The Mars

Figure 1: Perspective view of the southern branch of the Kasei Valles and Sacra Mensa, based on data from Mars Express. (© ESA/DLR/FU Berlin, G. Neukum)

The fourth planet from the Sun, Mars resembles Earth in many ways. Although it is only half the size of our globe and its ferrous core is smaller, it does have seasons which last about six months because the planet takes longer to complete an orbit around the Sun. Moreover, Mars features ice caps at the poles and possesses a thin atmosphere.

Observations of Mars may be traced back to the advanced civilizations of antiquity. It was probably because of its reddish blood-like color that the planet was given the name of the god of war, Ares or Mars. Early in the 17th century Johannes Kepler formulated his three laws, which describe the movements of the planets, on the basis of Mars position measurements made by the Danish astronomer Tycho Brahe which, although few in number, were highly precise for their time. Whenever Mars was in opposition in the last few centuries, it was common practice to compute the length of the astronomical unit (the distance between the Earth and the Sun) on the basis of trigonometric measurements of the distance between Earth and Mars. In 1877, Schiaparelli fell for an optical illusion when he thought he saw trenches and grooves on Mars which he called ‘canali‘. For many of Schiaparelli‘s contemporaries they simply had to be of artificial origin, and even much later, when the scientific world had long recognized the optical illusion for what it was, they led many to believe in an intelligent civilization on our planetary neighbor. Six probes have landed on the planet by now, and although their analyses rule out any form of life on Mars so far, the planet remains the most important destination for international astronautics in its search for existing or extinct life on another celestial body of the Solar System.

Mass 6.4185 x 1023 kg
Radius 3,397 km
Density 3.94 g/cm3
Rotation period 24.62 h
Orbital period 687 days
Mean distance from the Sun 227.9 x 106 km
Figure 2: Dust storm in Syria Planum south of Labyrinthus Noctis and the great volcano Olympus Mons in the center with the smaller Tharsis volcanoes on the right side. (© NASA/JPL/MSSS)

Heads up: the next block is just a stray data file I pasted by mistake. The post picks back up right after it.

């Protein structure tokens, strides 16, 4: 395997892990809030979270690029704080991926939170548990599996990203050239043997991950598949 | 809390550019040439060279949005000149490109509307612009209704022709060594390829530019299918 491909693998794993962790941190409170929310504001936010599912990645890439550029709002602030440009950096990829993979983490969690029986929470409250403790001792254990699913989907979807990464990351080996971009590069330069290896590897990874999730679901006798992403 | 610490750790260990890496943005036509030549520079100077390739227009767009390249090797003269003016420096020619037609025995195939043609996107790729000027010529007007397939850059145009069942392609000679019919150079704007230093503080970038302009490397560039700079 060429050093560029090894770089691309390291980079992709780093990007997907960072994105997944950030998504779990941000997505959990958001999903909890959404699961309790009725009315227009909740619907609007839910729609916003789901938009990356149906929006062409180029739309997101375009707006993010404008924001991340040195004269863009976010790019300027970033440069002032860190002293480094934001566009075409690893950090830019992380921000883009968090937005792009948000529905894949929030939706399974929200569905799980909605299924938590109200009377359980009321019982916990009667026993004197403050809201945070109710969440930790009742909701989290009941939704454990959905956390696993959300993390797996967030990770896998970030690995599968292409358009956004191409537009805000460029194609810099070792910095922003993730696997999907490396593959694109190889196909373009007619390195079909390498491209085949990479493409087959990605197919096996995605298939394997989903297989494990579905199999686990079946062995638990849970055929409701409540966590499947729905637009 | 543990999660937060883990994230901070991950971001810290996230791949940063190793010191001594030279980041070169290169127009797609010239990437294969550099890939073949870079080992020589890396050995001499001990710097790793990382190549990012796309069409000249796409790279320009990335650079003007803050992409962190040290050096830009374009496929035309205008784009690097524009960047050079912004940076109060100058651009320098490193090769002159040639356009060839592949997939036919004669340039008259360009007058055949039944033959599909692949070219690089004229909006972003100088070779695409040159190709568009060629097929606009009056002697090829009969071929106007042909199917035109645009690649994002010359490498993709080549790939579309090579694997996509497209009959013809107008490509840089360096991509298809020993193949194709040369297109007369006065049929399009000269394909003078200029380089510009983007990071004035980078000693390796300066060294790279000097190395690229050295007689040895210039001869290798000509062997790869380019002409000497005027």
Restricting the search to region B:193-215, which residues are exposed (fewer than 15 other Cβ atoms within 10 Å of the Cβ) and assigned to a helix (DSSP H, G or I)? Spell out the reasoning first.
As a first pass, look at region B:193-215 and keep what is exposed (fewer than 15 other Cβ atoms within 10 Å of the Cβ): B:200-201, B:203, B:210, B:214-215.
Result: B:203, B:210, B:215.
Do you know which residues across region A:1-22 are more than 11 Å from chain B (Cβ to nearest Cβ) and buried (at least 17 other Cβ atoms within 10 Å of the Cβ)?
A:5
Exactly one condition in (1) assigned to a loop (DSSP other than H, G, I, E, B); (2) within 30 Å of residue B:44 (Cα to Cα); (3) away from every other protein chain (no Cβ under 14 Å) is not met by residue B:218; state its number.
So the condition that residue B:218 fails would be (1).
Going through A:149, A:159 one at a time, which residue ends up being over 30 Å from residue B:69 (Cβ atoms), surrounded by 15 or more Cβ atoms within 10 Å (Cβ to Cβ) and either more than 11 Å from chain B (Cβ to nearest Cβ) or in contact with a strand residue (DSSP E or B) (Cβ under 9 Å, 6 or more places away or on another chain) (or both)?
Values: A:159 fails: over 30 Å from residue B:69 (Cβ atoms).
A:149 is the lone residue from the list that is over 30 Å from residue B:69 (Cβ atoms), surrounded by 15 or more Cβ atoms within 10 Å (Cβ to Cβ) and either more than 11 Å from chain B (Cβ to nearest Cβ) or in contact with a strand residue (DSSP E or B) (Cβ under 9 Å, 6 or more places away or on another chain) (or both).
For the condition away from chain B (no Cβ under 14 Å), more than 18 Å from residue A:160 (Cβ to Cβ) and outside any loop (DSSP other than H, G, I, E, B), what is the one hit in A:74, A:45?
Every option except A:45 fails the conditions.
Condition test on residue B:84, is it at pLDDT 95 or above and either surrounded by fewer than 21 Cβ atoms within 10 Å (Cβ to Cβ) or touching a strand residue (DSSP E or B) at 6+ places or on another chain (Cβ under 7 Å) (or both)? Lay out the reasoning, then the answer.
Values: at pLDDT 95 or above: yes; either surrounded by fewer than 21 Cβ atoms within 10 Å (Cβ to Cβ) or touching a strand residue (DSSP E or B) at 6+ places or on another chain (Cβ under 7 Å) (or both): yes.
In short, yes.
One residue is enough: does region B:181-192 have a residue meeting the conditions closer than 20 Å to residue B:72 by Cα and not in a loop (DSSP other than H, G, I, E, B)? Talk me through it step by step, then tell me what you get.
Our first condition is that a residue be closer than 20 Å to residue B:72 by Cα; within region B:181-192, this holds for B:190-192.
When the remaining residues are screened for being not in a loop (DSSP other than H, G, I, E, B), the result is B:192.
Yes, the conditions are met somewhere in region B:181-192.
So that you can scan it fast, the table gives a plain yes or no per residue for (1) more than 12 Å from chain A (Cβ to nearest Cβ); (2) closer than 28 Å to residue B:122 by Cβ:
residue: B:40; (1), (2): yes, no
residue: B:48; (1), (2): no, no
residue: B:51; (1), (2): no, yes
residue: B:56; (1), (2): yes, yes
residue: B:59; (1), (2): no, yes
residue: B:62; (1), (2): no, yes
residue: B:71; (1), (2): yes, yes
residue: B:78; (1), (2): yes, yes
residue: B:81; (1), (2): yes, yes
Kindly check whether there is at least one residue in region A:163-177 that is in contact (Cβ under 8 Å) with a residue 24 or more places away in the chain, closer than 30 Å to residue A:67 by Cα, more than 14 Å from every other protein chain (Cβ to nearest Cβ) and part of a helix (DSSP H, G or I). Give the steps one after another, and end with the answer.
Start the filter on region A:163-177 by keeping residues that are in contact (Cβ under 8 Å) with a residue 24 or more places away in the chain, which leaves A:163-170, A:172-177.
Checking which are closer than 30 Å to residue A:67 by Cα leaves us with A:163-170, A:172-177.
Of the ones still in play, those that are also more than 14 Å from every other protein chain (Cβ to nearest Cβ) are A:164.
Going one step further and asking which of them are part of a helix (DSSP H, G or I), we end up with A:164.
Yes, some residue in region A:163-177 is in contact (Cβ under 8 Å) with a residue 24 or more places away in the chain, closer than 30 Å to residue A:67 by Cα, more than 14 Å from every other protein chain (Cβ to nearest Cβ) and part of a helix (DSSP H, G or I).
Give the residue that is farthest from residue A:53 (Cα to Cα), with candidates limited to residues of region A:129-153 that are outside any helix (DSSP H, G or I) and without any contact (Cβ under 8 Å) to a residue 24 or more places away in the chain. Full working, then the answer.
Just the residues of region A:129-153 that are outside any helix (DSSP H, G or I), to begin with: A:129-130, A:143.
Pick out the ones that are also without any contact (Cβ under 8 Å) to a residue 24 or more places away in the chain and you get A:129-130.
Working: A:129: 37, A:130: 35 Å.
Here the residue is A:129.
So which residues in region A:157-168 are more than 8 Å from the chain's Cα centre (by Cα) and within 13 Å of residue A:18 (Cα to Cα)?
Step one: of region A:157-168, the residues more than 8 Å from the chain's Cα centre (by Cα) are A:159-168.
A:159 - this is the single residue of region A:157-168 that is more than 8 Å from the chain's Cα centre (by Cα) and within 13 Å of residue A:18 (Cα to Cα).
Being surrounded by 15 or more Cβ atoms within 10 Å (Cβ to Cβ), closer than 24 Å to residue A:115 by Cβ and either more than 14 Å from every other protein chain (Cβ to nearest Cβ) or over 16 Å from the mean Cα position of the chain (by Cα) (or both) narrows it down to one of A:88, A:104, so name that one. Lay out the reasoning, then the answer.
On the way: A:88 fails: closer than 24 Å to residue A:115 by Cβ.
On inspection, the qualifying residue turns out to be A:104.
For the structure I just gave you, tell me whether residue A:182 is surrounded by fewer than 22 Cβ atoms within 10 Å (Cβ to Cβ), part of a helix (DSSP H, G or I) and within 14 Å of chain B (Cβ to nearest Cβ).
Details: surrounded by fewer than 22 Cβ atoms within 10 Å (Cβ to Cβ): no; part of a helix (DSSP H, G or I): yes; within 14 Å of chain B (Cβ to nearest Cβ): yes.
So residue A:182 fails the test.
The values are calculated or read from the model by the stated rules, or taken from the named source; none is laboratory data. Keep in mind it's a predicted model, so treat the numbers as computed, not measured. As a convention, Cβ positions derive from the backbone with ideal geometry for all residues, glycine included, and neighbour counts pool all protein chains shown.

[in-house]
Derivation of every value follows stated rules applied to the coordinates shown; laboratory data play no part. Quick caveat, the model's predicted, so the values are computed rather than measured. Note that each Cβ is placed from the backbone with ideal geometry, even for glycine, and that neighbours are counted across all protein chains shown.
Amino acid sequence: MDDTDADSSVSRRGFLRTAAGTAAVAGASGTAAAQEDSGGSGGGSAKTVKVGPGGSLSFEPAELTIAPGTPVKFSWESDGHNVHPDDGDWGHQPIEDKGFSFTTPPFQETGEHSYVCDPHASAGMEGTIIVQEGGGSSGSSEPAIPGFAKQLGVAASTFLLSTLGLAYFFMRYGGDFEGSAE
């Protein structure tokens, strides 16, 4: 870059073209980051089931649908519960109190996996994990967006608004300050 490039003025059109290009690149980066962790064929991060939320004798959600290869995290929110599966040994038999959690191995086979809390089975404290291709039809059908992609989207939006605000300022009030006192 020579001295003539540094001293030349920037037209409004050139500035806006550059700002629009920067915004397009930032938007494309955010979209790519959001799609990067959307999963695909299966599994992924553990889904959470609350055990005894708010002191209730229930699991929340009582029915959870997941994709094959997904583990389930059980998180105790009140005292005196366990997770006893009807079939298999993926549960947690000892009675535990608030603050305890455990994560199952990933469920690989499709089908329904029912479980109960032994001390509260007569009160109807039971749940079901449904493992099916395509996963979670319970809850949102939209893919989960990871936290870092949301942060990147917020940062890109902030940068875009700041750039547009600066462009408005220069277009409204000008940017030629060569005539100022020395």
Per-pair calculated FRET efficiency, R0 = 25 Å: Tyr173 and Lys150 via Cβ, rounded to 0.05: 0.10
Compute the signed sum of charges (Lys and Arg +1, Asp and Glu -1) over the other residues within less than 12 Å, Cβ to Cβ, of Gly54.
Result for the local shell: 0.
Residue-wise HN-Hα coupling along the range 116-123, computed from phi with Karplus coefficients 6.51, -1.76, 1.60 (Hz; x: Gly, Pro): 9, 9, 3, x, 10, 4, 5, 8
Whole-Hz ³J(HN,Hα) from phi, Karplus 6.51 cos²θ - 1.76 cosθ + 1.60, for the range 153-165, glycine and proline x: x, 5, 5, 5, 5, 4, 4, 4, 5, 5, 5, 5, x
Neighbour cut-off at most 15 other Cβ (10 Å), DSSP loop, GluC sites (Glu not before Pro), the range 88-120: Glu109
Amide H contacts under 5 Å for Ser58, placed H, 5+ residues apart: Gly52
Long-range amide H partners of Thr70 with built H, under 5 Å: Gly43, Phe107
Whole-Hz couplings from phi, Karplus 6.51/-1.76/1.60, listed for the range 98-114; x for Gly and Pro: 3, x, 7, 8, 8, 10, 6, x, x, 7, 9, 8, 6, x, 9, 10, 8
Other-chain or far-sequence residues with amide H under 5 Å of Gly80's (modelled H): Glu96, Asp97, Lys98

Thanks to Mariner 9, Viking 1/2 and, most of all, to recent orbital missions like Mars Express, Mars Global Surveyor and Mars Reconnaissance Orbiter, we are fairly familiar with conditions and formations on the surface. Roughly speaking, the surface of Mars may be subdivided into two large regions: a lowland area in the north and a highland area in the south that features numerous impact craters. Together with its three smaller neighbors Arsia Mons, Ascraeus Mons and Pavonis Mons, Olympus Mons, a shield volcano measuring 24 kilometers in height and 600 kilometers in diameter, forms a highly conspicuous landmark close to the equator, on top of a large rise, 4,000 km in diameter – the Tharsis region. Another outstanding feature is the enormous canyon system of Valles Marineris which is 5,000 kilometers long and up to 200 kilometers wide. The deepest trenches are up to 11 kilometers deep. In the catchment area of the Valles system, a landscape featuring numerous dried-up riverbeds and minor canyons stands out, indicating that water or the ice of glaciers might have been active on Mars in earlier times. Finally, the southern hemisphere harbors two impact craters, Hellas and Argyre. Depending on the seasons, the poles are covered by a thick layer of water and carbon dioxide ice, respectively. Close to the equator, daytime temperatures may rise to +30 degrees centigrade in summer, whereas nighttime temperatures at the poles may drop as low as -140 degrees centigrade in winter. On the equator, the average daytime temperature ranges below the freezing point.

Figure 3: View over the central part of the Valles Marineris. (© ESA/DLR/FU Berlin, G.Neukum)
Figure 4: North polar cap in summer, taken by Mars Global Surveyor. (© NASA/JPL/MSSS)

Like that of Venus, the atmosphere of Mars consists predominantly (95 percent) of carbon dioxide (CO2), but the pressure on the surface amounts to no more than six millibar (1,013 millibar on Earth). In the Martian atmosphere, clouds of water vapor may form and tremendous storms may develop in certain seasons. Carrying sand and dust up to a height of 50 kilometers, they distribute the material over the entire planet, causing the sky to take on a yellowish-brown hue and creating clearly visible dune fields. While most dust storms are regionally limited, they may grow to global dimensions every five or ten years.

Last update: 31/05/2010 15:27